HL Deb 22 June 1981 vol 421 cc851-3

2.50 p.m.

Lord Jenkins of Putney

My Lords, I beg leave to ask the Question which stands in my name on the Order Paper.

The Question was as follows:

To ask Her Majesty's Government what arrangements are being made for the mass burial or burning of the bodies of millions of people they expect to be killed in the event of a nuclear attack on this country and whether any attempt will be made to bury families together.

The Parliamentary Under-Secretary of State, Home Office (Lord Belstead)

My Lords, the Government do not regard armed conflict with the Warsaw Pact as probable, let alone inevitable or imminent. It would require very many large nuclear weapons systematically distributed across the country to devastate the whole of the United Kingdom. The number of casualties would depend on the scale and location of any attack, but would be substantially reduced if precautions were taken—either the basic emergency kind set out in the official booklet, Protect and Survive, or those described in the Government's domestic nuclear shelter publications. Regulation 4(a)(vi) of the Civil Defence (Planning) Regulations 1974 provides for making of plans for burial or cremation: local authorities would do whatever was possible in the circumstances.

Lord Jenkins of Putney

My Lords, will the noble Lord say how many local authorities have made plans to dispose of human remains in the event of a nuclear attack, as required under the Civil Defence (Planning) Regulations 1974, and whether any authorities have refused to make such plans? Is it not in the public interest that the realities of nuclear war should be widely known? Therefore, will the noble Lord say whether the Government's estimate of those expected to be killed is still in the range of up to half the total population? Finally, will he say what is to happen to the millions of severely injured people who are expected in the event of a nuclear attack?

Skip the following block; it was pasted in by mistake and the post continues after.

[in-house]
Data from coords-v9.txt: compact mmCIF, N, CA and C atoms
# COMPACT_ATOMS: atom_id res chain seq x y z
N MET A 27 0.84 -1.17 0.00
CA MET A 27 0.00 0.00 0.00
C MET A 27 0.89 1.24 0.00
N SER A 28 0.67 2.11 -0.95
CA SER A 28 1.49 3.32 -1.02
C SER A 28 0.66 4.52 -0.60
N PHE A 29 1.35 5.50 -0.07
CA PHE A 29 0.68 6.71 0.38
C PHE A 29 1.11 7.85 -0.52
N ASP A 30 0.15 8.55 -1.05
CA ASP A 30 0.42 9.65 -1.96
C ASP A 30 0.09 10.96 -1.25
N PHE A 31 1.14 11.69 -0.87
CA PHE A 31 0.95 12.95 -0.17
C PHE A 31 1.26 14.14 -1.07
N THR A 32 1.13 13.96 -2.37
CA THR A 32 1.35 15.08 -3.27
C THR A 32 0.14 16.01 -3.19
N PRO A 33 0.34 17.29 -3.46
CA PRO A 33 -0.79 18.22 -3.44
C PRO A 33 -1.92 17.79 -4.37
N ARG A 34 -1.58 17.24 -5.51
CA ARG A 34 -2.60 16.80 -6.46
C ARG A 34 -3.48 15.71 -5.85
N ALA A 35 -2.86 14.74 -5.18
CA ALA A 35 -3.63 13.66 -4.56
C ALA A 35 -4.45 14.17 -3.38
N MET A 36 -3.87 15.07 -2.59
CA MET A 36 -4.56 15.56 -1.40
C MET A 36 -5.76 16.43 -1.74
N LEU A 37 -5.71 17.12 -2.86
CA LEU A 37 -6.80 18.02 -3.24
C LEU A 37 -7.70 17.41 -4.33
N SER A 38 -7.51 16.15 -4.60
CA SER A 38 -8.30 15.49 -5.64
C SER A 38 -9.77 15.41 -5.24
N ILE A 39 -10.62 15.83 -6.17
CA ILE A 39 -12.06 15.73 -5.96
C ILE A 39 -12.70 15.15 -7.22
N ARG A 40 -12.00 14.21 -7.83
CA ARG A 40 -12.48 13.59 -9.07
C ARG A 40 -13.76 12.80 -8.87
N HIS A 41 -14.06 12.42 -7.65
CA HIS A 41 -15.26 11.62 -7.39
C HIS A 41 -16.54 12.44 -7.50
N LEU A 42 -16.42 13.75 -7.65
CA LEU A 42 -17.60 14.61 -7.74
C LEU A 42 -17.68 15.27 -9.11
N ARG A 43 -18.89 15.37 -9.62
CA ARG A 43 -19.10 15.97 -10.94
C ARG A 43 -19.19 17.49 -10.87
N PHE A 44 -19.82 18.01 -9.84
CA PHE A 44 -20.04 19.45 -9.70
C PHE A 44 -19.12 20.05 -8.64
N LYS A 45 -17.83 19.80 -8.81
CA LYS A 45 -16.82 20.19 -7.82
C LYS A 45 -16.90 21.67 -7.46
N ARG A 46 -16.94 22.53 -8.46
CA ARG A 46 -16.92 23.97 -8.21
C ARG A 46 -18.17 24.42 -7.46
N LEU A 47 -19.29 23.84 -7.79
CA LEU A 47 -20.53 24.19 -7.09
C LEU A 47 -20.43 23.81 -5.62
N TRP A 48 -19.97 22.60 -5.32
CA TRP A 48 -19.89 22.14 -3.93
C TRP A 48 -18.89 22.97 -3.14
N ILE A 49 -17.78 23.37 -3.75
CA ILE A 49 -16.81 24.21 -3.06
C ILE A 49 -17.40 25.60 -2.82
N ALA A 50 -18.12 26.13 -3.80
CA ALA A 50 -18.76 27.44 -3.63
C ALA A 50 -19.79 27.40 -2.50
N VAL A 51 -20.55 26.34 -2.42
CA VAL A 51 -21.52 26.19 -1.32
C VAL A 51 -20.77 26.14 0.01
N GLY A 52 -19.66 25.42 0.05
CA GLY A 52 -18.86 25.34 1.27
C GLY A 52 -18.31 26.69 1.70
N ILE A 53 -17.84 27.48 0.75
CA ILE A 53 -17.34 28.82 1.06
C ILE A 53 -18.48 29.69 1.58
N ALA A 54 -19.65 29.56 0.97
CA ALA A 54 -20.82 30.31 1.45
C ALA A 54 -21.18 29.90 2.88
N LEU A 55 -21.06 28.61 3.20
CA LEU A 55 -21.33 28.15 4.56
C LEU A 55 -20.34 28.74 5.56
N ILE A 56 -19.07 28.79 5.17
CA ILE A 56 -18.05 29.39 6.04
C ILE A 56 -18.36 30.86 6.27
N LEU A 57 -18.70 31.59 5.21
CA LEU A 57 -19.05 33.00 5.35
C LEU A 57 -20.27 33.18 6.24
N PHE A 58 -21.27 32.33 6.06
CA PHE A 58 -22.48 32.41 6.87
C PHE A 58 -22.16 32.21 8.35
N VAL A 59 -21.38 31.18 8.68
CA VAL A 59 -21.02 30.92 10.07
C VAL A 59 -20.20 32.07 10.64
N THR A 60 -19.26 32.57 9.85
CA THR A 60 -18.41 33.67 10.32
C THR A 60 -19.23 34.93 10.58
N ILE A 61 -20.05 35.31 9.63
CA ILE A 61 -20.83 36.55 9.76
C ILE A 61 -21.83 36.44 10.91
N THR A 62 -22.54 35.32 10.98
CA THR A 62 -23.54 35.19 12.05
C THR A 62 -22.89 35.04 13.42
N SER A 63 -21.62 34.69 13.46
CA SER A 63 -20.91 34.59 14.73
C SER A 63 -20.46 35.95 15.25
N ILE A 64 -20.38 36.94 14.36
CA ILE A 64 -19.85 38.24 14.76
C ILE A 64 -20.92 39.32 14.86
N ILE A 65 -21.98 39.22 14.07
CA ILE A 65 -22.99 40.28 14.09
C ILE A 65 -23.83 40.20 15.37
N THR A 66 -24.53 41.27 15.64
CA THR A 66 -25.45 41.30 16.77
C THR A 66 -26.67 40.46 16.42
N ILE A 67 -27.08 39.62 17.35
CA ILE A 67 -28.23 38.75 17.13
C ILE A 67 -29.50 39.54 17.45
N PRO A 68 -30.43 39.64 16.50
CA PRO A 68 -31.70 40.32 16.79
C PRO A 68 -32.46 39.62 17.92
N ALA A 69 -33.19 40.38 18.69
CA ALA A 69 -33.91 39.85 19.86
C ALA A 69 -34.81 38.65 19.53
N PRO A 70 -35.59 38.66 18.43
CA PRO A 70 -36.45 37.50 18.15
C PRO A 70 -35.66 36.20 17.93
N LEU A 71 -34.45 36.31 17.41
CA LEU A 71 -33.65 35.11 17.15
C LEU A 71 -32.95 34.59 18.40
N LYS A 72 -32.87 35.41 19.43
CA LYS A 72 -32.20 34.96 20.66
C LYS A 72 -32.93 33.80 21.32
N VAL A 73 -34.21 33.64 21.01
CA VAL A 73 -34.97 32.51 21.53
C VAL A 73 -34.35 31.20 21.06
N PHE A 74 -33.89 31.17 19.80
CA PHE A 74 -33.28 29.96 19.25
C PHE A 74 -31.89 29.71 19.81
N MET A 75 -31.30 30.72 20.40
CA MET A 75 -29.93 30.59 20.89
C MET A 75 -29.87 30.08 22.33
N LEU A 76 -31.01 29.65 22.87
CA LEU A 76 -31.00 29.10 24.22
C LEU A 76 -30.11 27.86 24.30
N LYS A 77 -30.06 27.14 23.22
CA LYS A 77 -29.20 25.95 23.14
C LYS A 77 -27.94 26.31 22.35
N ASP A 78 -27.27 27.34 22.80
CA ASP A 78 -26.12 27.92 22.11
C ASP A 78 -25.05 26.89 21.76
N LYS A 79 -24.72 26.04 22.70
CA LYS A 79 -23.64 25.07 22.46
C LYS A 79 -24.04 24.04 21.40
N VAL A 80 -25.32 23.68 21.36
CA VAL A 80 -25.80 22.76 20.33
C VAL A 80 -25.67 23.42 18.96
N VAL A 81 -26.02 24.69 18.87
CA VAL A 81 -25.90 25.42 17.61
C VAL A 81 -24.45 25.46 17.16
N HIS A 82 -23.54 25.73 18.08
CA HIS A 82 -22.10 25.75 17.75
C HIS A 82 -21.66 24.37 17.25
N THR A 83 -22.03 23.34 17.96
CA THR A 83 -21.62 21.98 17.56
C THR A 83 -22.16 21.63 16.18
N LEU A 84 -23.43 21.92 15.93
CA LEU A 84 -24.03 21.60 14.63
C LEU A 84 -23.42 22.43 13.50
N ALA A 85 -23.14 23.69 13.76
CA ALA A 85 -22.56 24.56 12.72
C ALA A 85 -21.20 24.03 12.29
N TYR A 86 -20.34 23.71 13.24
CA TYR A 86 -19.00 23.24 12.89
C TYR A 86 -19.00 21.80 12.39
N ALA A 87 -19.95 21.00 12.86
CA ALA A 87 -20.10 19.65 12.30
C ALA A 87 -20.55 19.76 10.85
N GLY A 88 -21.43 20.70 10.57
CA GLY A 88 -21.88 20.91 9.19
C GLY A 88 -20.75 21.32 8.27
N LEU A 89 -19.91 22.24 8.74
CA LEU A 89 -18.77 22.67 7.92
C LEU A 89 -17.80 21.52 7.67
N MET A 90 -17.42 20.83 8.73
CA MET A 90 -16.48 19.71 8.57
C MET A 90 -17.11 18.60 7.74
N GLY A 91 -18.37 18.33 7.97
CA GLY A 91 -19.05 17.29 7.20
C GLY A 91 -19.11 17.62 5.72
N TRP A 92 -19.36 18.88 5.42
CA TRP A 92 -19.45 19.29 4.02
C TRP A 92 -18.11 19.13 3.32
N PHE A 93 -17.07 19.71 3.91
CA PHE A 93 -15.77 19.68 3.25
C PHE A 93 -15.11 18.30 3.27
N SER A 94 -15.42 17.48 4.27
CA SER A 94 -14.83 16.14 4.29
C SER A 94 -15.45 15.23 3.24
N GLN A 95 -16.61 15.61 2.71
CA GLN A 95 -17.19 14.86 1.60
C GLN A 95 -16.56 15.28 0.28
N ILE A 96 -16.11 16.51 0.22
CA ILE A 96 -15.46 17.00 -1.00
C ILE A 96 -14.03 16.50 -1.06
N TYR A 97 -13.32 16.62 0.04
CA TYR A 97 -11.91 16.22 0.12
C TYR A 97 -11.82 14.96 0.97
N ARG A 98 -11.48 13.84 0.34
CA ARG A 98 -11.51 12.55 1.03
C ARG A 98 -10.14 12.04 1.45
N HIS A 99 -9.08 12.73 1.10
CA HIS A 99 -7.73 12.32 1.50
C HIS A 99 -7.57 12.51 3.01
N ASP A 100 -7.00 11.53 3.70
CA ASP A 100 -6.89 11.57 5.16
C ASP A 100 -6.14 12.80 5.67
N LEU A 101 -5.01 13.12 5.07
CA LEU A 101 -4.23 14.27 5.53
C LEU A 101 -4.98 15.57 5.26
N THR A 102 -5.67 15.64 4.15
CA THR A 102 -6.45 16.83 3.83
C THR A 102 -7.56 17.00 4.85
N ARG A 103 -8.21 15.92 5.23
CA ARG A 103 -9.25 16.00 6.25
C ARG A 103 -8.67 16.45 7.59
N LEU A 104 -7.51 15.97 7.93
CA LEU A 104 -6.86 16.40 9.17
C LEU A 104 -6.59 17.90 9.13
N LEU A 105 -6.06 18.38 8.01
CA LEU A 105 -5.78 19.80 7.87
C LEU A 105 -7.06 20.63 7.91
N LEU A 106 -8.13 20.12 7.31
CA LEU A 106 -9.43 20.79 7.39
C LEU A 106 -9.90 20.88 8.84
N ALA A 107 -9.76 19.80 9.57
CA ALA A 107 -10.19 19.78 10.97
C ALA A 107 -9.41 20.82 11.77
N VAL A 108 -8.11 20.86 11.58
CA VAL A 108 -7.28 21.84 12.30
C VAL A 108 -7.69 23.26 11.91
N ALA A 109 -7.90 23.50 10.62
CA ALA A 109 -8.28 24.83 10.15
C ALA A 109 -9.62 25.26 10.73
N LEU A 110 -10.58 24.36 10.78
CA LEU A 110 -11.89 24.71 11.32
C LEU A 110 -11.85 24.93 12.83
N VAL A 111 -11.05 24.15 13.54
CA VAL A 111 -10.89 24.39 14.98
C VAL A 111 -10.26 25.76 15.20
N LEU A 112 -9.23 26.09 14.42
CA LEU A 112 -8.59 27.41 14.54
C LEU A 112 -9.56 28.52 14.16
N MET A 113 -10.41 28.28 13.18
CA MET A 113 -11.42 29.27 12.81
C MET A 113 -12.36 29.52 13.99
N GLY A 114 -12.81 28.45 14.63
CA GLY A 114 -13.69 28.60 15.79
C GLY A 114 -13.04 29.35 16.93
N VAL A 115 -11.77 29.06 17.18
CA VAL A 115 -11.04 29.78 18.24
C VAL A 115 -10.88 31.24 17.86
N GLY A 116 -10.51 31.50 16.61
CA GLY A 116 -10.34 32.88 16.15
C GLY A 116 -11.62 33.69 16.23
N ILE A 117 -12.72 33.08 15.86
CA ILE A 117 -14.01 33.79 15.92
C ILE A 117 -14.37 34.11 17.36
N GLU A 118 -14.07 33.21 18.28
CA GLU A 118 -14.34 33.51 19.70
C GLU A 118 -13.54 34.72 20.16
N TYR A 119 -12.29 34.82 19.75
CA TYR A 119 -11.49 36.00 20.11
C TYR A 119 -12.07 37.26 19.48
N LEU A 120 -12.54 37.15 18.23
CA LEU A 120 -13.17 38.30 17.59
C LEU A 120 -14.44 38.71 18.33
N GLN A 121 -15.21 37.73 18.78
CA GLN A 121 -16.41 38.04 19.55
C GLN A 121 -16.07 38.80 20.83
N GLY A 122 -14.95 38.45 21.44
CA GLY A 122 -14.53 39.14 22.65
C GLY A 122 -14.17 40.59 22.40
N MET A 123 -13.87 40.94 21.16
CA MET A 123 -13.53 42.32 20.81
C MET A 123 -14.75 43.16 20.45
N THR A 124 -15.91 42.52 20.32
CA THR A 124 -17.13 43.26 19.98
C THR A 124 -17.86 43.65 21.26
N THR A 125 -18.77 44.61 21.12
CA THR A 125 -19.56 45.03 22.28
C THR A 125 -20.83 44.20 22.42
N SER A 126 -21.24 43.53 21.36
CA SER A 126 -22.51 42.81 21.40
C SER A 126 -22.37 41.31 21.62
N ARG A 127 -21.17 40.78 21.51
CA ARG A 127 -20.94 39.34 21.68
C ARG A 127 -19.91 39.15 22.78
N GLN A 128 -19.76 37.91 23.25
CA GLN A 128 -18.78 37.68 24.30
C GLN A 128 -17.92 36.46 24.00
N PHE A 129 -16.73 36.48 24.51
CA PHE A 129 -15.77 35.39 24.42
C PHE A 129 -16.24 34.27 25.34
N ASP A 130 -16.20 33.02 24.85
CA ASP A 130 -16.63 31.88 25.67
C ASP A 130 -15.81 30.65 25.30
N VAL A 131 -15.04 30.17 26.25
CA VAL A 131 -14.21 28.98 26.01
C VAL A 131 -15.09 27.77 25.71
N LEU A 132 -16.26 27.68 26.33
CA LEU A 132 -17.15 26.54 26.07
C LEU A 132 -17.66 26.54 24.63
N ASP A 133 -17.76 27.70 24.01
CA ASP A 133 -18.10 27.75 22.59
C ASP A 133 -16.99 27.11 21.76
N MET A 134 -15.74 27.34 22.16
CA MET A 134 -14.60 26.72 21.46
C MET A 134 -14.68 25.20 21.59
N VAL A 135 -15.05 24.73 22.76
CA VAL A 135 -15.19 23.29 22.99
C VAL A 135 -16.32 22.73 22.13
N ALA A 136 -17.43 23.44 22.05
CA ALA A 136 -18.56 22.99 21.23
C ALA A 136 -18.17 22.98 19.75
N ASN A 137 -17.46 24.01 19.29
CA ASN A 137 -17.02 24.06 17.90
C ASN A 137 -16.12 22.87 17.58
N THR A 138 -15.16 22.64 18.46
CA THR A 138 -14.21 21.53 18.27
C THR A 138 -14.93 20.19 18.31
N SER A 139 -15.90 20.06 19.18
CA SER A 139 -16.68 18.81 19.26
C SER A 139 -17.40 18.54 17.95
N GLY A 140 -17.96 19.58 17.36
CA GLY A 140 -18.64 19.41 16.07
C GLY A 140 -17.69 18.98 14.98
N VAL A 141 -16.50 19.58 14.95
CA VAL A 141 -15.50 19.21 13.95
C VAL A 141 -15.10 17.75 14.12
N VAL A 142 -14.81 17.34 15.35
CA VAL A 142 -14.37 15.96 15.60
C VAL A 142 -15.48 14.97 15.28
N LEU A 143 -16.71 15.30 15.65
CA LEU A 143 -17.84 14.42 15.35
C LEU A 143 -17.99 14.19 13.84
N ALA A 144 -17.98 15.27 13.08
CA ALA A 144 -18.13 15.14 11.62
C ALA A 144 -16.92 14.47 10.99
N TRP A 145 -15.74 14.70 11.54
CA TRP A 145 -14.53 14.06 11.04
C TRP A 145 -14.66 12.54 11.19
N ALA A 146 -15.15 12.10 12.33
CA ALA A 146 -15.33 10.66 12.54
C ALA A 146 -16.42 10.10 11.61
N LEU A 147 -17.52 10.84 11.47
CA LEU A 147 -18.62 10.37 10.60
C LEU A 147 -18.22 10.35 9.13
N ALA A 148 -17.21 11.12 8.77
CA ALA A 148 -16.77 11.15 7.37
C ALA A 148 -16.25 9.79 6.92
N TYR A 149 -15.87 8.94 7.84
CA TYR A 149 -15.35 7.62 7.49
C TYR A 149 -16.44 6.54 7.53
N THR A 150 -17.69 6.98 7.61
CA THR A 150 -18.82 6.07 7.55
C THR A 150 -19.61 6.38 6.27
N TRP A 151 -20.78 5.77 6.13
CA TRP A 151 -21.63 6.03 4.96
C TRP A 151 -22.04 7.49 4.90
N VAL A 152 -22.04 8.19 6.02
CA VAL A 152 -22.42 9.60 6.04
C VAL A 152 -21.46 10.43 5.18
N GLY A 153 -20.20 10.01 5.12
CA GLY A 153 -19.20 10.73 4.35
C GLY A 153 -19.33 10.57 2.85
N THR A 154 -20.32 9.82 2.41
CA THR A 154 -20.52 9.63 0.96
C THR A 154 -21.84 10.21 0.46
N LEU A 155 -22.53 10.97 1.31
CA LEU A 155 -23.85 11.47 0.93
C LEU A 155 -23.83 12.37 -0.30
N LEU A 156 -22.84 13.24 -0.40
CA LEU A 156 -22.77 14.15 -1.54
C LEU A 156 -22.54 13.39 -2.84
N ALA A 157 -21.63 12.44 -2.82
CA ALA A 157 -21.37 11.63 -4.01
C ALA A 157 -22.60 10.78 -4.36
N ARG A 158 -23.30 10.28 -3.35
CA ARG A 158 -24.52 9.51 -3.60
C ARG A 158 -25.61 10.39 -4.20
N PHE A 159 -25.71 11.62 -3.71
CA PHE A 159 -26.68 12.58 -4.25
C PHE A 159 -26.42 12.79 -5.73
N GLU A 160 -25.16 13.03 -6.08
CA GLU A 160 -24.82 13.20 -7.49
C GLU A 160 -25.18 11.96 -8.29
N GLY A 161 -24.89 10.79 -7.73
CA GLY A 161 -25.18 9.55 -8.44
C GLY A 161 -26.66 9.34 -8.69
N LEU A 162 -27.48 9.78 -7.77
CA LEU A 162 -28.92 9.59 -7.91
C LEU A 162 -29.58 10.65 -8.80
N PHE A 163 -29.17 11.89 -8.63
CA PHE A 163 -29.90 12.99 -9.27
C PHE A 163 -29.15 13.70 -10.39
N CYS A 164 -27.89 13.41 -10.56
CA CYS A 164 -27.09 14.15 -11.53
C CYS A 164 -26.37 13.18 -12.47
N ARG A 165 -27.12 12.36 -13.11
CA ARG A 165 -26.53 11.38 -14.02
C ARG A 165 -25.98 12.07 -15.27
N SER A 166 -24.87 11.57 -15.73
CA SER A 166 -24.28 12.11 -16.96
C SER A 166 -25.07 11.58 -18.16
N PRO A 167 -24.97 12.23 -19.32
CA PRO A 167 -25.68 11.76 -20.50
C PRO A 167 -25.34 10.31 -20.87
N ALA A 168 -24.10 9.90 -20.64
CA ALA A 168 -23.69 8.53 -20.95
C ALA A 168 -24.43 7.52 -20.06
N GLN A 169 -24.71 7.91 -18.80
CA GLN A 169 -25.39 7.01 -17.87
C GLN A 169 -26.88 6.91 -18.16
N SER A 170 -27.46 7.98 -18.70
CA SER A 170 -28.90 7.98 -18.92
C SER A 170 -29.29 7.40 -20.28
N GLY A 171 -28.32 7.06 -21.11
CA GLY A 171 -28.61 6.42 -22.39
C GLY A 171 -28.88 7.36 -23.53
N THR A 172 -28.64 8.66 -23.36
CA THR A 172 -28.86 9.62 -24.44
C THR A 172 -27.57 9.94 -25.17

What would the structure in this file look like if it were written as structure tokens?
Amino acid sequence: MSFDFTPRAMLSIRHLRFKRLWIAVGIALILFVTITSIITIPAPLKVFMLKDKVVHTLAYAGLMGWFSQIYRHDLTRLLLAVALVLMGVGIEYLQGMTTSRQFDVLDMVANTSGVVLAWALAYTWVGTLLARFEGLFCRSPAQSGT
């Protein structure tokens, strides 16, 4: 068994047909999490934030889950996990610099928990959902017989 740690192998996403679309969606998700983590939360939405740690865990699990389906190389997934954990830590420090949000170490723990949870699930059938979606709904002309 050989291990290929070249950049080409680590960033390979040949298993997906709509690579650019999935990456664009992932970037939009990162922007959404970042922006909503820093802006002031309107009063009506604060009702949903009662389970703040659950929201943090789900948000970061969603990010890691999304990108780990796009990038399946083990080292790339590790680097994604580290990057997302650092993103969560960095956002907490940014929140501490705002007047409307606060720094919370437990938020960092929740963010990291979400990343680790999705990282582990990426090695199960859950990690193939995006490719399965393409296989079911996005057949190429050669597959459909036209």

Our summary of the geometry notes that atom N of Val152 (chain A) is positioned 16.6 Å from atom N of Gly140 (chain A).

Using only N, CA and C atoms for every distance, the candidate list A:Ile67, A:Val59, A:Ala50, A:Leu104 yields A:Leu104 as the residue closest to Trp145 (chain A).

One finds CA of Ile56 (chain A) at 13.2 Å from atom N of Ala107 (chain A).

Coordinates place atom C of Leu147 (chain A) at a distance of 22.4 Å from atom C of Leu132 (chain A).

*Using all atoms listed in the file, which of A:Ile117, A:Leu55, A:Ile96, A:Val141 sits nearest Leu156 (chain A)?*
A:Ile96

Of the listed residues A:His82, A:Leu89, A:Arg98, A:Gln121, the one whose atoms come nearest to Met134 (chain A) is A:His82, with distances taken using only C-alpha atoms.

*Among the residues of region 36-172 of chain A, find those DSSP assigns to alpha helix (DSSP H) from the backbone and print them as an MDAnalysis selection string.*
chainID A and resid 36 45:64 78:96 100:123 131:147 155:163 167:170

Lord Belstead

My Lords, I am surprised at the noble Lord's question. The noble Lord might be interested to know that this was the first item that was ever considered at the first business committee meeting of the Civil Defence Research Committee in May 1939. So the Home Office has had this very serious subject in mind for 42 years.

Lord Orr-Ewing

My Lords, is this not a hypothetical question, if Britain's nuclear deterrent continues to remain effective? Was it not because of the Labour Government's desire that the deterrent should remain effective that they spent £1,000 million on developing and producing the Chevaline warheads for the Polaris missile force?

Lord Belstead

My Lords, I entirely agree with my noble friend. I think that the basis of our policy should be a firm commitment to peace while maintaining a firm posture in our military deterrents abroad.

Lord Shinwell

My Lords, in the absence of adequate defence and even more adequate civil defence, can the noble Minister say what we will do about those thousands—it might even be millions—of our people who will find themselves in Russian concentration camps? What protection do the Government propose to devise for them? If the Government cannot provide it, will those who ask gruesome Questions try to find out for themselves?

Lord Belstead

My Lords, I cannot improve on the question which the noble Lord has asked. I only hope that the noble Lord who asked the original Question will have taken note of what the noble Lord, Lord Shinwell, has said.

The Lord President of the Council (Lord Soames)

My Lords, what is more, I do not think that the House could improve on the answer, so I suggest that we move on to the next business.

Lord Jenkins of Putney

My Lords, may I not—

Noble Lords: Order, order!

Lord Soames

My Lords, perhaps the noble Lord will allow me. I suggested to the House that we should move on from this Question, and I think that that was the general feeling of the House. I would ask the noble Lord to accept that.

Lord Jenkins of Putney

My Lords, I must record my regret at this and also my regret at the failure of the noble Lord, Lord Belstead, to answer my questions, in which I shall persist.

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